By arguing for the importance of all the agents involved in a work's production and reception, and the significance of external sources (e.g. publishers’ archives) alongside the text as bibliographical evidence, McKenzie pioneered the intellectual movement that opened traditional textual and historical bibliography to the history of the book. His two-volume Cambridge University Press, 1696–1712 (1966) and his article ‘Printers of the Mind’ in Studies in Bibliography (1969), called into question many common assumptions. In a career marked by highly innovative scholarship, he also edited records of 17th- and 18th-century Stationers’ Company apprentices (1961–78), the works of Congreve (2009), and, with Maureen Bell, the Chronology and Calendar of Documents Relating to the London Book Trade, 1641–1700 (3 vols, 2005). Professor of bibliography and textual criticism at Oxford, he was one of the general editors of the Cambridge History of the Book in Britain (1999–).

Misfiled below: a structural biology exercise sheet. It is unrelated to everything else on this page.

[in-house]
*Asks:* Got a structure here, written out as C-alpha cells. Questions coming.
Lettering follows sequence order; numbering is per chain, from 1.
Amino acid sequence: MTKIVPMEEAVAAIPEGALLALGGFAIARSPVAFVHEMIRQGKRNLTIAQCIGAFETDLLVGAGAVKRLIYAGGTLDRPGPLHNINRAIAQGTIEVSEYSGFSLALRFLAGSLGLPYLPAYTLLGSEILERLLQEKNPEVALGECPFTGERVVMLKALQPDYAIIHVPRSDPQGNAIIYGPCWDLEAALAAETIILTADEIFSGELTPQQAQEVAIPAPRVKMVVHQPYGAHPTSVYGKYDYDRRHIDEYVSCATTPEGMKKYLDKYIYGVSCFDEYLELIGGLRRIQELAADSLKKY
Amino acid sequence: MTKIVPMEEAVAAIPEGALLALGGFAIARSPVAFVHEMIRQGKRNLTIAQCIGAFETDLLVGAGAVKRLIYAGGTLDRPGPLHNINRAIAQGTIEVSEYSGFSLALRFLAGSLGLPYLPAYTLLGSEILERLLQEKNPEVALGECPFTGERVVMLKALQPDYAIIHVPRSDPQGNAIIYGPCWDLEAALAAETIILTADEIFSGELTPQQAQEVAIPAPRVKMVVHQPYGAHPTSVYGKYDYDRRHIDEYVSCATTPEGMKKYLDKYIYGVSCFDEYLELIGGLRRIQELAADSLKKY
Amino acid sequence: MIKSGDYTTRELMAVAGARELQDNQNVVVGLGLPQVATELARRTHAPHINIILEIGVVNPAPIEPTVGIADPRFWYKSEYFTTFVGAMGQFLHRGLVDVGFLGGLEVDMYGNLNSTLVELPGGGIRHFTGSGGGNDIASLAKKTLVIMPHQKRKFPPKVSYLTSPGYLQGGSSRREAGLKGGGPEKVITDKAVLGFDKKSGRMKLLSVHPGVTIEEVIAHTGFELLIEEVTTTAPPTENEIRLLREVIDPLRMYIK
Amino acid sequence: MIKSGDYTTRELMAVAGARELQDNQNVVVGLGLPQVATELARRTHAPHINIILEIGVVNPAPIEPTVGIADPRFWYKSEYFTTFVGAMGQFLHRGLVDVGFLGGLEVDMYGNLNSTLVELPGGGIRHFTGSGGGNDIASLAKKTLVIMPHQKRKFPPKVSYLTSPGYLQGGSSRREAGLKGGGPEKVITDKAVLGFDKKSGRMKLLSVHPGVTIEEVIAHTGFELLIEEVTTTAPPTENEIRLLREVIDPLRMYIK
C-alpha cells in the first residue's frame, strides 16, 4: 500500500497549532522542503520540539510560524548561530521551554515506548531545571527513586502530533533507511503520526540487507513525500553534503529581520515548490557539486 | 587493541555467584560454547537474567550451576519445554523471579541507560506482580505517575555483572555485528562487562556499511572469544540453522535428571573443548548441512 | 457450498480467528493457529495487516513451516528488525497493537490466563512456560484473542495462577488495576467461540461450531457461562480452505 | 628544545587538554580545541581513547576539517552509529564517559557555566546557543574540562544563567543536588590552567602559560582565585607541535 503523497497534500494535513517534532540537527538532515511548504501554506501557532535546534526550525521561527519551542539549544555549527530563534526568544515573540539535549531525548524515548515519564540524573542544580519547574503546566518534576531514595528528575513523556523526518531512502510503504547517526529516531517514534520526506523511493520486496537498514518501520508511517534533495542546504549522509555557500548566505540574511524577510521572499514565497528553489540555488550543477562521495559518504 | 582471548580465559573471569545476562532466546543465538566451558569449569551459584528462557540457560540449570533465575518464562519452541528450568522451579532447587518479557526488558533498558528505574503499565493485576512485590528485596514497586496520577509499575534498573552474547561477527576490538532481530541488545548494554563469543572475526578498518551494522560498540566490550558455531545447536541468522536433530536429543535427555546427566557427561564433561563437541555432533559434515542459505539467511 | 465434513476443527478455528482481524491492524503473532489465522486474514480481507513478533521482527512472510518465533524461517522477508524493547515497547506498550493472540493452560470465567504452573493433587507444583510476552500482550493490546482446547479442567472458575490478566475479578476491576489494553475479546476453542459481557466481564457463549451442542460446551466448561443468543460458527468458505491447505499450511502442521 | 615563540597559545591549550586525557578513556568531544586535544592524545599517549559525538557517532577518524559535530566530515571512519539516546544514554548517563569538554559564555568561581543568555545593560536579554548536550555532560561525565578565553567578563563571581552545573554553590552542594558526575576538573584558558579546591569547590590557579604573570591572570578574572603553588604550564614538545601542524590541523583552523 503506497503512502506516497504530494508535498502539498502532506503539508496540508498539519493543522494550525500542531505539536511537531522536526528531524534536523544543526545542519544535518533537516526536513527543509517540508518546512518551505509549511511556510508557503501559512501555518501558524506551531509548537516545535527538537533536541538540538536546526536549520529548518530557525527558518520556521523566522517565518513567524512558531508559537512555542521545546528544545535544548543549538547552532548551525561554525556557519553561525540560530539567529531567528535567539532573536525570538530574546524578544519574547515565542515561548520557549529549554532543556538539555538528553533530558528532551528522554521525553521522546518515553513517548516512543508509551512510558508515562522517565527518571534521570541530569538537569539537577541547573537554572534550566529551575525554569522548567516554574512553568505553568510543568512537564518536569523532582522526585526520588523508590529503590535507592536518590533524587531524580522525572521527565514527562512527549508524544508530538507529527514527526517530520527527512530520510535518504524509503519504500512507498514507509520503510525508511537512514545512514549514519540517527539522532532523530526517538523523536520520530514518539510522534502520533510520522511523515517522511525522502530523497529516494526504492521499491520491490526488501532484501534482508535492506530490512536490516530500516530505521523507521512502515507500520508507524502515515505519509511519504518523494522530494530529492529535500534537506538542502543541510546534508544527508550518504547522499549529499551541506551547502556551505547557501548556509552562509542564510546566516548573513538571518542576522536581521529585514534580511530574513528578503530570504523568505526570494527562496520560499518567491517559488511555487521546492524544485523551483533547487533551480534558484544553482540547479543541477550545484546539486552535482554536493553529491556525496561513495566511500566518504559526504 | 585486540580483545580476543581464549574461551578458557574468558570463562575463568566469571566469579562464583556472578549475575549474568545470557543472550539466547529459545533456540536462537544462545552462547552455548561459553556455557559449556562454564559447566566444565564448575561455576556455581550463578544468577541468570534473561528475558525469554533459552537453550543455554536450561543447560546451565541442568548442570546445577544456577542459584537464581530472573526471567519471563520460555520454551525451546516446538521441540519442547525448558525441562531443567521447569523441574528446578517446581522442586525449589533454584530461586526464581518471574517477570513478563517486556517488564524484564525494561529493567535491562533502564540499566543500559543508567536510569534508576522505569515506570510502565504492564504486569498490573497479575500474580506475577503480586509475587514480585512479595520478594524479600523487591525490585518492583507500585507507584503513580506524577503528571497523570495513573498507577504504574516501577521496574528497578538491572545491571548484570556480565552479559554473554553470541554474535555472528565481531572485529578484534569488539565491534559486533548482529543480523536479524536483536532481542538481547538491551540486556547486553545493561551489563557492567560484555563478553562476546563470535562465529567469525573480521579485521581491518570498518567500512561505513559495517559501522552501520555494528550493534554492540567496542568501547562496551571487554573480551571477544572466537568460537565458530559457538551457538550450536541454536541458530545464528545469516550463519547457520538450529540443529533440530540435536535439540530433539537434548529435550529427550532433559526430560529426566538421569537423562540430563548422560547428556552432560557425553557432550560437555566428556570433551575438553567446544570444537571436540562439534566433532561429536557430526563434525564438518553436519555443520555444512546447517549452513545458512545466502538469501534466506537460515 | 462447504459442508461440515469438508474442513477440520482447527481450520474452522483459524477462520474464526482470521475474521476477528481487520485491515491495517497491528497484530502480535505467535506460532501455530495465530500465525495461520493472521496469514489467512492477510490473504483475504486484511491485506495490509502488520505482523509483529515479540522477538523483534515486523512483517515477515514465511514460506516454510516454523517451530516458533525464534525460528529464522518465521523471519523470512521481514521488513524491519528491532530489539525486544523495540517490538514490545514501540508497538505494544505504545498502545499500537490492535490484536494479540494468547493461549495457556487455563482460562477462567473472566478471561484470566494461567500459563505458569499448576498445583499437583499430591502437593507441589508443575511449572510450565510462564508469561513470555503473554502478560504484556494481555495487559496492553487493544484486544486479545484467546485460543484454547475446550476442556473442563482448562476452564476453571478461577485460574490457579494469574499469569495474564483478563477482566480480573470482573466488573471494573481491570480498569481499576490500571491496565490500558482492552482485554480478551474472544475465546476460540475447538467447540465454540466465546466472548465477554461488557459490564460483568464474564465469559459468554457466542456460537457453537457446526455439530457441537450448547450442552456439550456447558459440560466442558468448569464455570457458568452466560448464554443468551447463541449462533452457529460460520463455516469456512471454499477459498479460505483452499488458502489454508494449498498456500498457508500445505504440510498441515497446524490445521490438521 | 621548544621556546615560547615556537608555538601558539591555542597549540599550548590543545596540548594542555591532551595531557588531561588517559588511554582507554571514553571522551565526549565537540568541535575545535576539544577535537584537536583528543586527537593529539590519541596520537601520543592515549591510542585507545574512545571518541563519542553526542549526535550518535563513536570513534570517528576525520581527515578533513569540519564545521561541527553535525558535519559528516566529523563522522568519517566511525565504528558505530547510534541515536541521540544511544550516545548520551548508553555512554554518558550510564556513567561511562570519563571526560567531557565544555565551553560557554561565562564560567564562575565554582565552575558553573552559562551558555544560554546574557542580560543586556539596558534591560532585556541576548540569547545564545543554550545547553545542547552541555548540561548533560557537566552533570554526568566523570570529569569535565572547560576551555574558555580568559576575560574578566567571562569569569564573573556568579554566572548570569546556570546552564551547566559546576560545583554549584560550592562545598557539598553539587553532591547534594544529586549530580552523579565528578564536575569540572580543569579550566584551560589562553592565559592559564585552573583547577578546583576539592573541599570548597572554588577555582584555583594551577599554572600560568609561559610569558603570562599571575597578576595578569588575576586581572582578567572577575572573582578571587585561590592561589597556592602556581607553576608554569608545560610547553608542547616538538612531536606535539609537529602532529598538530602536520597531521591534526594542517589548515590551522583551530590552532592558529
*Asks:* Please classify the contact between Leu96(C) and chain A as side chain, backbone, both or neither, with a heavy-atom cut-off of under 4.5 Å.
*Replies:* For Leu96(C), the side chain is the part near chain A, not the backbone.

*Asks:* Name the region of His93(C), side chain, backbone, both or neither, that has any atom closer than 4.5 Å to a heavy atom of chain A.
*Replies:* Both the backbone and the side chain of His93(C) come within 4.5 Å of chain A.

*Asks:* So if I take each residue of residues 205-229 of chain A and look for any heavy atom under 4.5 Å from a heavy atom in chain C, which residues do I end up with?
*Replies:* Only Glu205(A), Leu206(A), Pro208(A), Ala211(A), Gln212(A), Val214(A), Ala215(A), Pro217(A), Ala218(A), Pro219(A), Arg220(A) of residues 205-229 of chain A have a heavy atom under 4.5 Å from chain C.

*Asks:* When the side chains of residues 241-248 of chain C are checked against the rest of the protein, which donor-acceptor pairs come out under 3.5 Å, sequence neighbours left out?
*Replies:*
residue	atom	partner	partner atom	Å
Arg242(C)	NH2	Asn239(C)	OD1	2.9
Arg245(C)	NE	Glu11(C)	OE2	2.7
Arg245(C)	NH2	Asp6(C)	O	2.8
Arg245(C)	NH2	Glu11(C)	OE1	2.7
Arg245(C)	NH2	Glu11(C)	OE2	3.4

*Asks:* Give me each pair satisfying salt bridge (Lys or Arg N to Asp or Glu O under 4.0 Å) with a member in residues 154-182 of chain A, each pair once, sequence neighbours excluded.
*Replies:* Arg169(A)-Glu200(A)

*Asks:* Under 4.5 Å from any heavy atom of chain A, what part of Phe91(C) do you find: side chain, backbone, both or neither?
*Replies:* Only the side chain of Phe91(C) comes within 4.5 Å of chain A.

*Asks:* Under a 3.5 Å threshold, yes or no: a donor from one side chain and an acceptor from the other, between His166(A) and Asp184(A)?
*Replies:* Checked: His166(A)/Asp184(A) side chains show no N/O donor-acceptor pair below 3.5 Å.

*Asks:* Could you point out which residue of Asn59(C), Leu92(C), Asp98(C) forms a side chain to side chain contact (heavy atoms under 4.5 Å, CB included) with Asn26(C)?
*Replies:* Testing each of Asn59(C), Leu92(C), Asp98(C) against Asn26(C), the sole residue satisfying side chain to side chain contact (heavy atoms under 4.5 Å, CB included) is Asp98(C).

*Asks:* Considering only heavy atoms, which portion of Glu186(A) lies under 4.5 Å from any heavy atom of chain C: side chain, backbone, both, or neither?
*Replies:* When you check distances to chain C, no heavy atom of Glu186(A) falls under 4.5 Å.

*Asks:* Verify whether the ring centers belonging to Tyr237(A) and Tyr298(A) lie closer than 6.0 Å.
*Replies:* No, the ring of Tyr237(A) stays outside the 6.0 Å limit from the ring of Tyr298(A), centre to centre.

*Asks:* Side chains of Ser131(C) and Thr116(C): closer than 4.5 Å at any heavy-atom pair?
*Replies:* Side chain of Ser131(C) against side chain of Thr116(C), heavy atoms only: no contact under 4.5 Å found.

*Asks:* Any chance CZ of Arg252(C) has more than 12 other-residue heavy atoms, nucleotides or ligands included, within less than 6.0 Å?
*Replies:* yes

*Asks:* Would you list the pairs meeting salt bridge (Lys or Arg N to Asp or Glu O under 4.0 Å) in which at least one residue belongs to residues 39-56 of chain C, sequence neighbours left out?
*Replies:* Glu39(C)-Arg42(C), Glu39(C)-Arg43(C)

From The Oxford Companion to the Book in Oxford Reference.